Viper Communications

INTRODUCTION

So you're cruisin' along in your Viper and all is well and good. Well suddenly you're the one who succeeds on an Awareness roll and you get to spot the incoming Radiers first. Joy of joys! You get to call Tally! Or Judy! Or whatever. But suddenly you realize that your char is a fighter pilot and you're supposed to make a broadcast to announce it. Rut-roh! You don't know how! What do you say?! So you sit for five minutes trying to think about what to say on .tac1 or .tac2 and/or you end up having to ask someone. Well fear no longer! This page is here to help you, the player, understand what's being said and how to actually compose a proper radio call. I'll cite specific examples from a practice engagement that was conducted recently to highlight certain points and explain what was said, as well. Where some of the lingo may become confusing, refer to the Pilot Slang page to find what is confusing. I'd actually suggest keeping a tab of it open if you get lost easily.

One last thing before we begin: Pilots don't always follow established calls and they will sometimes use alternative names or phrases to describe things. For instance, if someone says 'Circle the Wagons!', that generally means that its time to take the defensive. It requires you to think on your feet and still convey the concept. Its not the clearest way to communicate, but your first lesson in radio communications is that "Brevity is Key." Getting your information or orders across in the shortest amount of words is important. Practice this. If you have a lot of information to convey, keep it to the basics. Nobody is looking for a subject and predicate to your sentences.

THE BASICS

Names and Callsigns

During operations, flights are issued their own callsigns. They can be anything from Sparrow to Zinger to …I dunno. Lentil. Generally they are given 'cool' names. Other times the callsigns may be symbolic to the mission. For instance, an operation called 'Round Table' might have 'Arthur' as the Genesis and the smaller flights as Bors, Cador, and Percival. However, that doesn't mean that using individual pilot callsigns is appropriate. When in your organized flight, always try to identify yourself by your flight and your number in the flight. They will be numbered and go like this: Lead, Two, Three, Four, Five, Six, etc. There is no 'One.' The only time you should be using individual pilot callsigns is if things get hectic or if you are having a light discussion over comms. Real names are NEVER used. Ever. This is a protection for pilots against the enemy tracking who is involved in what. However, it is entirely appropriate to identify yourself as 'Two' or 'Three' (or whatever your position is) if there aren't more than two flights running around.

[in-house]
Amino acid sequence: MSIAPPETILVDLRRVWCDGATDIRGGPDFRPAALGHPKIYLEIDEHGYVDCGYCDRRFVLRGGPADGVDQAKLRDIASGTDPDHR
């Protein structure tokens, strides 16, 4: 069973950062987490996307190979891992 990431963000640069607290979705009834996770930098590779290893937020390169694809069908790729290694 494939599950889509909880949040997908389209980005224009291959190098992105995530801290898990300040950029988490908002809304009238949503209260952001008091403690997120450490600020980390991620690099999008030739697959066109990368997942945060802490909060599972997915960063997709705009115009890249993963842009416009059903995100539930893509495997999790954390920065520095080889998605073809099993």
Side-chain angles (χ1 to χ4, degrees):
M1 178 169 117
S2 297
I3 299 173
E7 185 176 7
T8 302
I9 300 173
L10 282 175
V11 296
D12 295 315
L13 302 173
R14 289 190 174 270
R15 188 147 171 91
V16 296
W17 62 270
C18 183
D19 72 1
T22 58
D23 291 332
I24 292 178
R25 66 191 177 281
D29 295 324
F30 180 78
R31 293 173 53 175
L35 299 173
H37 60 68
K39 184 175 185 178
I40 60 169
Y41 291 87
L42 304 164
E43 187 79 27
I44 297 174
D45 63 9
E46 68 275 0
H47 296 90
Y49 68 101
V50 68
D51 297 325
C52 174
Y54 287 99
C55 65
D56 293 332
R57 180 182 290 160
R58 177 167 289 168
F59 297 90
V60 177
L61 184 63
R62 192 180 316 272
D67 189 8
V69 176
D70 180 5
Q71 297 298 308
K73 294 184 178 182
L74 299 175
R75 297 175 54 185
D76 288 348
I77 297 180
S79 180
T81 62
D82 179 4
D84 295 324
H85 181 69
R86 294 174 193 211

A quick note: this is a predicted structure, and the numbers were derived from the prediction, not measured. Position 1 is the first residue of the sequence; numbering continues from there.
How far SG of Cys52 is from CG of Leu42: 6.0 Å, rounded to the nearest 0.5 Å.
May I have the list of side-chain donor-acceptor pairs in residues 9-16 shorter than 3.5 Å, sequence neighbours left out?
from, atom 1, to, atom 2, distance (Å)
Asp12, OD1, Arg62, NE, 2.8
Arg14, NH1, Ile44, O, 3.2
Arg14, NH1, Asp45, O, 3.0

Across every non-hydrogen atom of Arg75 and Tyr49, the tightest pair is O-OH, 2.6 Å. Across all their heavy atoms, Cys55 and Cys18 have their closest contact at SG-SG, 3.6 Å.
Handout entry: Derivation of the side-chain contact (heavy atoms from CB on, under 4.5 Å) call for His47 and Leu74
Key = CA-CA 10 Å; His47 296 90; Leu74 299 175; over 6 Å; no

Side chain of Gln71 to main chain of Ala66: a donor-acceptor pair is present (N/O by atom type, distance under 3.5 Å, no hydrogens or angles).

Identification

When a radio call is initiated, think of it as making a phone call without the benefit of Caller ID. You may recognize the voice on the other end, but its always polite to let the person on the other end know exactly who they are talking to so there is no confusion or poor assumptions made. The same guideline applies to proper radio communications. This first thing out of your mouth when you make a radio call is to first state WHO you are calling, then followed immediately by an identification of who exactly is calling. Below is an example. In this instance, Micah would be 'Romeo Three' and he is calling 'Romeo Lead' - which could be anyone. It should look like this:

[Tac1] "Jailhouse" Micah says, "Romeo Lead, Romeo Three. <Blah blah blah>"

Once this connection has been established, it isn't generally necessary to re-identify yourself on channel unless you intend to talk to someone else. If you break in on the channel, identify yourself. However, once established, its not typical to keep saying it. Its a waste of breath and time. The only time you should constantly identify yourself on channel is in a very high-traffic area such as if you were flying a 747 across the US and keeping in contact with Albuquerque Center.

COMMON CALLS

New DRADIS or Visual Contact (Tally/Judy)

When you have a new DRADIS contact with a suspected bandit or an unknown (A Bogey, in both cases. A 'Bogey' is not a 'Bandit' until its confirmed hostile), the rest of the flight should be alerted. However, it is NOT your responsibility to notify the Genesis unless you are in command of the flight or squadron. Your call goes directly to your Section Leader or whoever is in command. It should be phrased first with an identification, what is going on, then numbers of bogeys, then their location. It should look like this:

[Tac1] "Tempo" Dynames says, "Marble Lead, Marble Two. DRADIS Contact. Pair of bogeys. <insert guidance/directions here>."

But what do you do if you have to call Genesis and inform them? The radio call below is properly formatted for just that and can be used as a template. Its taken from a practice session.

[Tac2] "Cav" Novella says, "Genesis, Trophy Lead. Judy on a gaggle of bandits! Six miles, two-one-four degrees, caram one-one! Rattler, you eyes on?"

Above, Cav is notifying Genesis. She is 'Trophy Lead' and has positively identified an incoming group of Raiders as hostile. The last sentence is her asking another flight lead, 'Rattler', if he has seen the bandits himself.

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